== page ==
The Pale King
David Foster Wallace’s posthumous novel, focused on the IRS, offers us the chance “to look once more inside that beautiful mind.”
In David Foster Wallace’s The Pale King, in a mock documentary, a tax examiner identified only by his ID number tells the viewer about his idea for a play, in which a “wiggler” is poring over 1040s: “The setting is very bare and minimalistic – there’s nothing to look at except this wiggler, who doesn’t move except every so often turning a page or making a note on his pad.” The audience, he says, will grow restless and bored. “Then, once the audience have all left, the real action of the play can start.... Except I could never decide on the action, if there was any.”Skip to next paragraph
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A wiggler is a rote examiner who studies tax returns to determine which are worthy of an audit, Wallace tells us in his posthumous novel scheduled for release on tax day.
At the Regional Examination Center (REC) in Peoria, Illinois, in May 1985, a fictional Wallace joins his fellow GS-9 IRS recruits for an intake training session, where he learns from the veterans that the work will require periodic flexing, visualizing, and a necessary bearing down.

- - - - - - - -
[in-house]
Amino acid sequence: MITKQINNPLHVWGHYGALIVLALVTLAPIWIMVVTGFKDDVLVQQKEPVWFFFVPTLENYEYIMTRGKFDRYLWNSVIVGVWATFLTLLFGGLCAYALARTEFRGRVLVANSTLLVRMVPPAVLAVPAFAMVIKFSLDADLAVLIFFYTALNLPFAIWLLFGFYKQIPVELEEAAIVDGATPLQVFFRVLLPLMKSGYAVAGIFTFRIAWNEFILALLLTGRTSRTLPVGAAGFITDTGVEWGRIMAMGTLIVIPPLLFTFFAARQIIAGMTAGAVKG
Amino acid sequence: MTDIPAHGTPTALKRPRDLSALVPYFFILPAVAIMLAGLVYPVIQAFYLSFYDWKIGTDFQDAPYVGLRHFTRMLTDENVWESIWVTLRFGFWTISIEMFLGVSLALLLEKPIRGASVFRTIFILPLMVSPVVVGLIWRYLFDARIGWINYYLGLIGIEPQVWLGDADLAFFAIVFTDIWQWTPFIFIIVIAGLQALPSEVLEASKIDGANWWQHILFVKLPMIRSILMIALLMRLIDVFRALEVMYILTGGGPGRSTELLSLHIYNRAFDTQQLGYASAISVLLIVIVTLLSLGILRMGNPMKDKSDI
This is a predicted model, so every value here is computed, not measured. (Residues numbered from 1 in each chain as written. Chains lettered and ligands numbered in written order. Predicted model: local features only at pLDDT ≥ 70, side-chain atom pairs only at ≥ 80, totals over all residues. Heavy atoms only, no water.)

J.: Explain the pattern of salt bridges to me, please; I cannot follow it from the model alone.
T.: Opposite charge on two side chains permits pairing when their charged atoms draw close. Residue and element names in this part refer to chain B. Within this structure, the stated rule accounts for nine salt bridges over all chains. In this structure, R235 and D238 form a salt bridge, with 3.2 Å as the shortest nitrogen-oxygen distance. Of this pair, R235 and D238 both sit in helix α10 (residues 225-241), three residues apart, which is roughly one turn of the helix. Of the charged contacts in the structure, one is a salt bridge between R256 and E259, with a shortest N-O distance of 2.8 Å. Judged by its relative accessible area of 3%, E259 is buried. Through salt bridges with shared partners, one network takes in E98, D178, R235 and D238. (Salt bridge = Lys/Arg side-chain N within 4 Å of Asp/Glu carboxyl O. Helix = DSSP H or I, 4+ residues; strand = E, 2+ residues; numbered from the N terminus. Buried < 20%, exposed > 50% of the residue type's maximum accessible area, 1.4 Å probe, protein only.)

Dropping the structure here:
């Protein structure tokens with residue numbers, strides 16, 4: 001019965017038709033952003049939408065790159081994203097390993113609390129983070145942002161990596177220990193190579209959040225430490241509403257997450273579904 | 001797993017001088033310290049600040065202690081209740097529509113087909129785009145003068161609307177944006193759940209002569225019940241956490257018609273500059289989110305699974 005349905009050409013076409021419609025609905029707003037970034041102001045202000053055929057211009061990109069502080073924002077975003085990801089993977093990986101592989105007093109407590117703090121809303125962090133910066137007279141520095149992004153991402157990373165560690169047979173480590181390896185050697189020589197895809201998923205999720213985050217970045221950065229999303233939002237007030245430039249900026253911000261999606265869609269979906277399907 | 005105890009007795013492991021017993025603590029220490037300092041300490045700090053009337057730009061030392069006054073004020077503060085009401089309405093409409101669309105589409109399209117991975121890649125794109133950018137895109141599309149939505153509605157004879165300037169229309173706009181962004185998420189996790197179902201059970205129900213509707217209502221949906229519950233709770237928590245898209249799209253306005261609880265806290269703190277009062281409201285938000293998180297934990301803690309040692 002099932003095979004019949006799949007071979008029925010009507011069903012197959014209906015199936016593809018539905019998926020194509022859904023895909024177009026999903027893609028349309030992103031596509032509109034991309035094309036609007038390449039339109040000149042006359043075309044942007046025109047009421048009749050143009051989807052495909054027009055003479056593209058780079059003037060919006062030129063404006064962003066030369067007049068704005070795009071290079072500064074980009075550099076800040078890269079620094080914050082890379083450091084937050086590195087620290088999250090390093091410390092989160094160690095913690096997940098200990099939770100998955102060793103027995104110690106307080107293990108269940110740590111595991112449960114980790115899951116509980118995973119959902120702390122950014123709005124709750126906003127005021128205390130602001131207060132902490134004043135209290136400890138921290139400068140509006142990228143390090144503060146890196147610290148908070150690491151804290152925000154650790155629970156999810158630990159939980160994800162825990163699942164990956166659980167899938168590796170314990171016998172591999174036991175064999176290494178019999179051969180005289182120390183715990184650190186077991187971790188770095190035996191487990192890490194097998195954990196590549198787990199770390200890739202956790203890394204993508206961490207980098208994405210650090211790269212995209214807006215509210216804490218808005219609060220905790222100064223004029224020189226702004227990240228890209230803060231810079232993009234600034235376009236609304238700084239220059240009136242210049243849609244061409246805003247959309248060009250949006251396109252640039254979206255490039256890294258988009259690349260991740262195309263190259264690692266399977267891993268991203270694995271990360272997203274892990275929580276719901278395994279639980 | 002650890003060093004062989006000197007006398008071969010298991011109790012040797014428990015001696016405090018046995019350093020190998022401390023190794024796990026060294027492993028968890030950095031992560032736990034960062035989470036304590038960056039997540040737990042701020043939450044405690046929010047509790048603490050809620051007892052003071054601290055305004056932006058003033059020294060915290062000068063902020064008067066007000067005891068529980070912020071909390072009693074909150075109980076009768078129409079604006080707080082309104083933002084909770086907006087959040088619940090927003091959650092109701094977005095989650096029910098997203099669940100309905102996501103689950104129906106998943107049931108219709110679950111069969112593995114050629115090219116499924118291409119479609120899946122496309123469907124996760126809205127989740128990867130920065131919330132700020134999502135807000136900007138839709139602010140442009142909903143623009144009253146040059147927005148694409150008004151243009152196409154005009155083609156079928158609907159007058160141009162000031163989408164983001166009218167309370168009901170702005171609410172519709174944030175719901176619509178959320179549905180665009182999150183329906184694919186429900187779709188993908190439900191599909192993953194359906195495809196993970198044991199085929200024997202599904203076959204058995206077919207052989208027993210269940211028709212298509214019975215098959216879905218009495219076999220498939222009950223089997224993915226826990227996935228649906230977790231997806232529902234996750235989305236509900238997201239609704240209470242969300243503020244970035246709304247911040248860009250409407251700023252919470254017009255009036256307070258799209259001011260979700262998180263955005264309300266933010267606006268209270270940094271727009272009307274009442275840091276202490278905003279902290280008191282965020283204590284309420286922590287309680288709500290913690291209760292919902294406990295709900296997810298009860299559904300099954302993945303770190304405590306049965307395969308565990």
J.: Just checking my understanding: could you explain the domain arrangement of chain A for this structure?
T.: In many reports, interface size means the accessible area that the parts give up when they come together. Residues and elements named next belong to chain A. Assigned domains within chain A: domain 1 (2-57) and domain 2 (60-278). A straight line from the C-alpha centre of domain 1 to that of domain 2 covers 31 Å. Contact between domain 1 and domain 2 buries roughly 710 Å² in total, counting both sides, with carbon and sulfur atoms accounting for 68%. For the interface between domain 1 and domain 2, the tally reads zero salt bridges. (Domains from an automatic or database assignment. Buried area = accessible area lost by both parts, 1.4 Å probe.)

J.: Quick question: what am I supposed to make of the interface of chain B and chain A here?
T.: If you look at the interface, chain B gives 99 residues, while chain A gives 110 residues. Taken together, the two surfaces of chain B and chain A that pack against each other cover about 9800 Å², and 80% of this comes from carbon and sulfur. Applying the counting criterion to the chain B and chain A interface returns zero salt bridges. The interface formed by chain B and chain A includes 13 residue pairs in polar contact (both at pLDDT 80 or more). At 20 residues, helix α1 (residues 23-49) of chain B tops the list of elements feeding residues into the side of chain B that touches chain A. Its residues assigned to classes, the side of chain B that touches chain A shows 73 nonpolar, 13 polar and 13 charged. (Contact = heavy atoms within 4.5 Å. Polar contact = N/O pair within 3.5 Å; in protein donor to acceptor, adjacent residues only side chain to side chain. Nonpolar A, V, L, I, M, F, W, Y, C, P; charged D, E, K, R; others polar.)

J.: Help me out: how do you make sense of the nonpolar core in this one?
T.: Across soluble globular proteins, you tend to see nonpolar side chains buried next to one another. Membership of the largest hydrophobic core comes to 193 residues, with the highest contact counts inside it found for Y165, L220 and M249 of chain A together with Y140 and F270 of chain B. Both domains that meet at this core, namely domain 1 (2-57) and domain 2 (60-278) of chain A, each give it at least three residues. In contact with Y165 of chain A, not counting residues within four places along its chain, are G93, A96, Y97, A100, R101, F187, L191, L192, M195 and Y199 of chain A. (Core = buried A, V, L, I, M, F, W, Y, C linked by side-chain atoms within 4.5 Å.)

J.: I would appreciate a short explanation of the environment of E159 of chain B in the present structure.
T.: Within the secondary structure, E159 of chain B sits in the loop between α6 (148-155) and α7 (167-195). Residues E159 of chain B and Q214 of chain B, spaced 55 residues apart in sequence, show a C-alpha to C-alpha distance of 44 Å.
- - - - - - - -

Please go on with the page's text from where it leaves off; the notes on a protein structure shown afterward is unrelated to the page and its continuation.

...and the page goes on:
Reading “The Pale King” requires precisely this kind of close examination – a sort of literary audit, but a worthy one at that.
Wallace worked on this novel the last 11 years of his life, until his untimely death in 2008, when he took his life. Author of the novels “Infinite Jest,” “Broom of the System,” and short story and essay collections, Wallace left behind hundreds of pages and notes for “The Pale King,” which editors spent two years piecing together. Without an outline, “Infinite Jest” editor Michael Pietsch crafted the storyline, such as it is, based on his experience working with Wallace, drawing together fully revised and rough-draft chapters, handwritten in Wallace’s tiny writing.
Is this the book Wallace would have written if he’d lived to finish it? Of course, we will never know. But it does allow us, as Pietsch hoped, “to look once more inside that beautiful mind.”
Most writers try to disguise their research, or blend it in so it doesn’t stick out. But Wallace’s research is the book, and not simply because it is unfinished. He doesn’t hide it, nor would we want him to because the world he creates with it is so colossally fascinating.